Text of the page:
THE SHIP SUPPLY STORY
Our paths first crossed in elementary school on Lopez Island. We were two island women born three days apart. Lissa, the daughter of a shipwright, grew up exploring the Salish Sea by wooden rowboat and spending time in her father’s shop amongst the boat skeletons, nautical charts, and wood shavings. I spent several years working on fishing boats in Alaska surrounded by wild beauty and proudly donning diesel-saturated coveralls, usually coated in a layer of fish scales. The experience of growing up immersed in the wild landscapes of the Northwest and a shared love for the natural world and thoughtful fashion were the inspiration behind Ship Supply.
As self-taught seamstresses, who as young women and mothers launched businesses, we were meeting weekly to help each other with our respective endeavors. Through this mutual support and shared space, we naturally started to analyze our own business models. We ultimately realized that in order to grow in the long term we needed to join creative forces to reach new markets. It was a magical epiphany! Sharing a very similar aesthetic and a mutual love for fashion, we embarked on the journey that would become Ship Supply.
Our humble beginning was certainly an adventure, and, at times, it felt like we were swimming upstream. The first collection we designed didn't fully resonate with us. Feeling discouraged during a late-night phone call, we decided to meet the next day and take a hard look at our most loved and hard-worn clothing. The shared characteristics, the common denominator, of all these garments were a cherished vintage feel and a classic aesthetic often made with wool and perfectly worn cotton. They all shared a certain texture, had significance and history, and had lots and lots of pockets. These items were what defined us! Clothes that are always in the dirty laundry hamper or freshly washed, because they were made to last and, therefore, live and grow with us.
The transition from home-produced hand-made products to navigating the steep learning curve associated with the modern garment industry was challenging. We were determined to maintain the highest standard of quality, but production of larger quantities and outsourcing the manufacturing proved to be challenging hurdles in bringing our designs and visions to fruition. Organic fabric produced abroad was readily available, however, we felt the potentially toxic washing practices and the carbon footprint created by transporting fabric great distances didn't meet our sustainability and environmental ethics standards. We searched far and wide but finally found a farm in Texas that grows organic cotton and does it sustainably. It felt impossible at the time, but we persevered, ultimately designing our custom fabric with the help of a family-operated mill in South Carolina. This process cost us time, and money, but the resulting Ship Supply bull denim is everything that we set out to do.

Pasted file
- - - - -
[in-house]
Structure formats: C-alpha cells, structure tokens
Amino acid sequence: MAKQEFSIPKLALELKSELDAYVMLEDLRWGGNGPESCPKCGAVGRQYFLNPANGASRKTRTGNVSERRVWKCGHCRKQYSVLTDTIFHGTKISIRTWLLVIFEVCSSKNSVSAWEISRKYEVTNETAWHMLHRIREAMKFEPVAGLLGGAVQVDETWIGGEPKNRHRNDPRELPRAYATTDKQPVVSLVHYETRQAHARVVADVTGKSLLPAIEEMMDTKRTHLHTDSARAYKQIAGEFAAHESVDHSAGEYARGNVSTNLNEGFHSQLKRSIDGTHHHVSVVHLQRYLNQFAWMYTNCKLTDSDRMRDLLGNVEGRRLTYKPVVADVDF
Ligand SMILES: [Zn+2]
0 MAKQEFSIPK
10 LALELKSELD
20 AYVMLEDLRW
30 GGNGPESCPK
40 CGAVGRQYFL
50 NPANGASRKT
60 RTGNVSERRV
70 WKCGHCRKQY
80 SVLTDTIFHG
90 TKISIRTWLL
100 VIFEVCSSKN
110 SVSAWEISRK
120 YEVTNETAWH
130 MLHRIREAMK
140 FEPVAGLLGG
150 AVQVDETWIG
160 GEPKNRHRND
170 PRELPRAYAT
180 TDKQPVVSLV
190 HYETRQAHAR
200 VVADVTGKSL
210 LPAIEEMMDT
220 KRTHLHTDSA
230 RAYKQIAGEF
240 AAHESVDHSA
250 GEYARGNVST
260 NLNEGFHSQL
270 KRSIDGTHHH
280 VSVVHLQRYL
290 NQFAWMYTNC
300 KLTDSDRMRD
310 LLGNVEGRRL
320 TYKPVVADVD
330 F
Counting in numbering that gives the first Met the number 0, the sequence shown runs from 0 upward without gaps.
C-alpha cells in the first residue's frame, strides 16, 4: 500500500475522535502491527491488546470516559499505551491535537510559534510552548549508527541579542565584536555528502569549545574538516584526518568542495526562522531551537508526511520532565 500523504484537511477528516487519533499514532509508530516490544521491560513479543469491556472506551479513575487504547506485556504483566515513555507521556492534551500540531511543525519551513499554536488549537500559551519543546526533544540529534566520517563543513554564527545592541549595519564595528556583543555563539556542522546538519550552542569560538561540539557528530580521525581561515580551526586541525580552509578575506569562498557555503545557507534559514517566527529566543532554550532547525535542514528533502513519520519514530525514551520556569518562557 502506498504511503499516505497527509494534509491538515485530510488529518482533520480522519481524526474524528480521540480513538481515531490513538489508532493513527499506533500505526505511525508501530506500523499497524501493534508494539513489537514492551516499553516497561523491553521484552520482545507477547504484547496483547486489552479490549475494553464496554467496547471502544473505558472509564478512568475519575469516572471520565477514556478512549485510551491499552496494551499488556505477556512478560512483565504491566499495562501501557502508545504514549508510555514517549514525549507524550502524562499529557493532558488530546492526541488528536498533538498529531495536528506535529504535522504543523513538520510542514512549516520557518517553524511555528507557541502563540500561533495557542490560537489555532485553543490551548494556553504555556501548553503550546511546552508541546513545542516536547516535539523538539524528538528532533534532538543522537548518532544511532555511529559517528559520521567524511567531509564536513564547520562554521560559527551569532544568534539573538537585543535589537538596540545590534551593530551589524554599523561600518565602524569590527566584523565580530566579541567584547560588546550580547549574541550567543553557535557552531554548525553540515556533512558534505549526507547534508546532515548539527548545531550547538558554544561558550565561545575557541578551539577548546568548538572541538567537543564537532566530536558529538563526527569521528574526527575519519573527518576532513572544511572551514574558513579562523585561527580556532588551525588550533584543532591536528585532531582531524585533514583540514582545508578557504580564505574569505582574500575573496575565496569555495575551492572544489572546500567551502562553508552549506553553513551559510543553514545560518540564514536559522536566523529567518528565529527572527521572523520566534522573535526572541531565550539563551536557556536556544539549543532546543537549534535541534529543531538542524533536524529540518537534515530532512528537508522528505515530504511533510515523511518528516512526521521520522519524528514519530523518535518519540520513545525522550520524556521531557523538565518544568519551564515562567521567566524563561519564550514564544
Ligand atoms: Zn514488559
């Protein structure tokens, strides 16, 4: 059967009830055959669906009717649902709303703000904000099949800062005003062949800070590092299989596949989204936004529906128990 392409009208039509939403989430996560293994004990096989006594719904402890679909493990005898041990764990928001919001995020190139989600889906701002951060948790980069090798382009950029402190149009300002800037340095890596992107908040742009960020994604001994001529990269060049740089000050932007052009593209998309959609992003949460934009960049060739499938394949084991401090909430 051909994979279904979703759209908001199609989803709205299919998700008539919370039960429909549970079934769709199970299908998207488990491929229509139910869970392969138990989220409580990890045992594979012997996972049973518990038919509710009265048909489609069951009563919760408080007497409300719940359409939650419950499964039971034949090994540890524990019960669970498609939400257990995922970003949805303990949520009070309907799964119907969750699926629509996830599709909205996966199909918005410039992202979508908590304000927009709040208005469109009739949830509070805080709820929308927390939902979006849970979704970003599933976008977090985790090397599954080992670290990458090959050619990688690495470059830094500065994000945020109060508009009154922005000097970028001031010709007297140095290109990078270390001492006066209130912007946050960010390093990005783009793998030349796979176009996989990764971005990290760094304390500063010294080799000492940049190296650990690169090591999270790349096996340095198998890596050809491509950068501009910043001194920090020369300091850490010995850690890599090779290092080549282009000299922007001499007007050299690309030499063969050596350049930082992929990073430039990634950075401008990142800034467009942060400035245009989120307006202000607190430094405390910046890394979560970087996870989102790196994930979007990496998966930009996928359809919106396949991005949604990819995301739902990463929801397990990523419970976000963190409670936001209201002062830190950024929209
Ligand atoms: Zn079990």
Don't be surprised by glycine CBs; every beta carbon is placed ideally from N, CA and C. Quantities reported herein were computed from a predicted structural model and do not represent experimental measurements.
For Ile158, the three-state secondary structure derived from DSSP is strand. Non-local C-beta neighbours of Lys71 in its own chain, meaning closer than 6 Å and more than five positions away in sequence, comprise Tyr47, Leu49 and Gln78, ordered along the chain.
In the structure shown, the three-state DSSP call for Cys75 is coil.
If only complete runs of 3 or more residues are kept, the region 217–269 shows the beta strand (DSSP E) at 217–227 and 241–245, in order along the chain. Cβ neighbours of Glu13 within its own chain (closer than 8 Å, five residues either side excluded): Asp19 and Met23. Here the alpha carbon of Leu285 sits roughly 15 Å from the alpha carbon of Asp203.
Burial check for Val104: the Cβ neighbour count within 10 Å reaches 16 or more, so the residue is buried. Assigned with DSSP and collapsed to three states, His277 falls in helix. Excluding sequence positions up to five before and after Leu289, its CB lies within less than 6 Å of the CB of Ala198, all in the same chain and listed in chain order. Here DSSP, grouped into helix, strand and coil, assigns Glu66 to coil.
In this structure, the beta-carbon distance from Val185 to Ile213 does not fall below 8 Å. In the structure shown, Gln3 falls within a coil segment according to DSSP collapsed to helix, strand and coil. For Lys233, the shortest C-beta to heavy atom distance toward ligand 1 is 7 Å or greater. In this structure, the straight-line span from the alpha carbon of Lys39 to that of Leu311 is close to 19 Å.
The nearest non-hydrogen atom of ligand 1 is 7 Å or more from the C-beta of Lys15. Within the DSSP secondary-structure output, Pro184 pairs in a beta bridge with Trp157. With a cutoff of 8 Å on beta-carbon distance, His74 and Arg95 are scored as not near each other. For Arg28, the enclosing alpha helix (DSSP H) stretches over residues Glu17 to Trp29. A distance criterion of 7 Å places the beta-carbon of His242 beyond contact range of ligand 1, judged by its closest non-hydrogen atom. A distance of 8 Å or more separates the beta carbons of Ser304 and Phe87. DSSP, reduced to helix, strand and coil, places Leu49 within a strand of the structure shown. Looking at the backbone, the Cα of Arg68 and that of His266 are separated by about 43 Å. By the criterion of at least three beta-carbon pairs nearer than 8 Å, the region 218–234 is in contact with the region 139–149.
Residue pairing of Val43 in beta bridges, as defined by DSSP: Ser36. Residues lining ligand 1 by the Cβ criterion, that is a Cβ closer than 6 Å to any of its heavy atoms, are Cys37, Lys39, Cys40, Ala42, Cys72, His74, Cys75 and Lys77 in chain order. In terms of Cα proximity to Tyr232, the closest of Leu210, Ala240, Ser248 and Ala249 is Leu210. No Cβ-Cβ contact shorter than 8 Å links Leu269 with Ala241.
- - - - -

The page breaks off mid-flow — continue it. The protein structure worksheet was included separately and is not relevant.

Once we had the perfect fabric we were able to start the process of bringing our designs to life. We drew inspiration, as we always have, from our home in the Pacific Northwest. The sea, with its various textures, big stones, beach pebbles, smooth driftwood, tangled piles of seaweed, and thick fog. Wind, rain, and all the seasons. Our aim is to reflect these elements in classic, timeless designs. Wool sweaters, canvas pants, with lots of textures, and layers. For Ship Supply’s Spring 2021 launch we developed two staples. First the Sea Pant, a sturdy and flattering pant that is perfect for work and play. And later the pop-over Curtis Top, named after Lissa’s Dad’s old fishing mate from Norway.
Through trial and error, we found a production environment that aligns with our ethics and connected with people that believe in slow fashion, sustainable clothing, human rights, and fair wages. We limit Ship Supply's offerings to small production runs, which results in higher production costs and, therefore, a slightly higher consumer price point. This practice doesn't simply yield environmental benefits, it also allows our manufacturers to pay their employees a fair wage and provide critical and fundamental benefits, such as paid sick leave.
This is us, two young women who are passionate about designing clothes with a conscience. At times it feels like we are doing this the hard way, and in a lot of ways we are; but, as we have cultivated meaningful working relationships our mission and process has become more mature and realistic. We hope that Ship Supply can set an example for garment production moving forward because sometimes change starts with two friends and a small network of like-minded producers.
- Ana Zautke, Co-founder of Ship Supply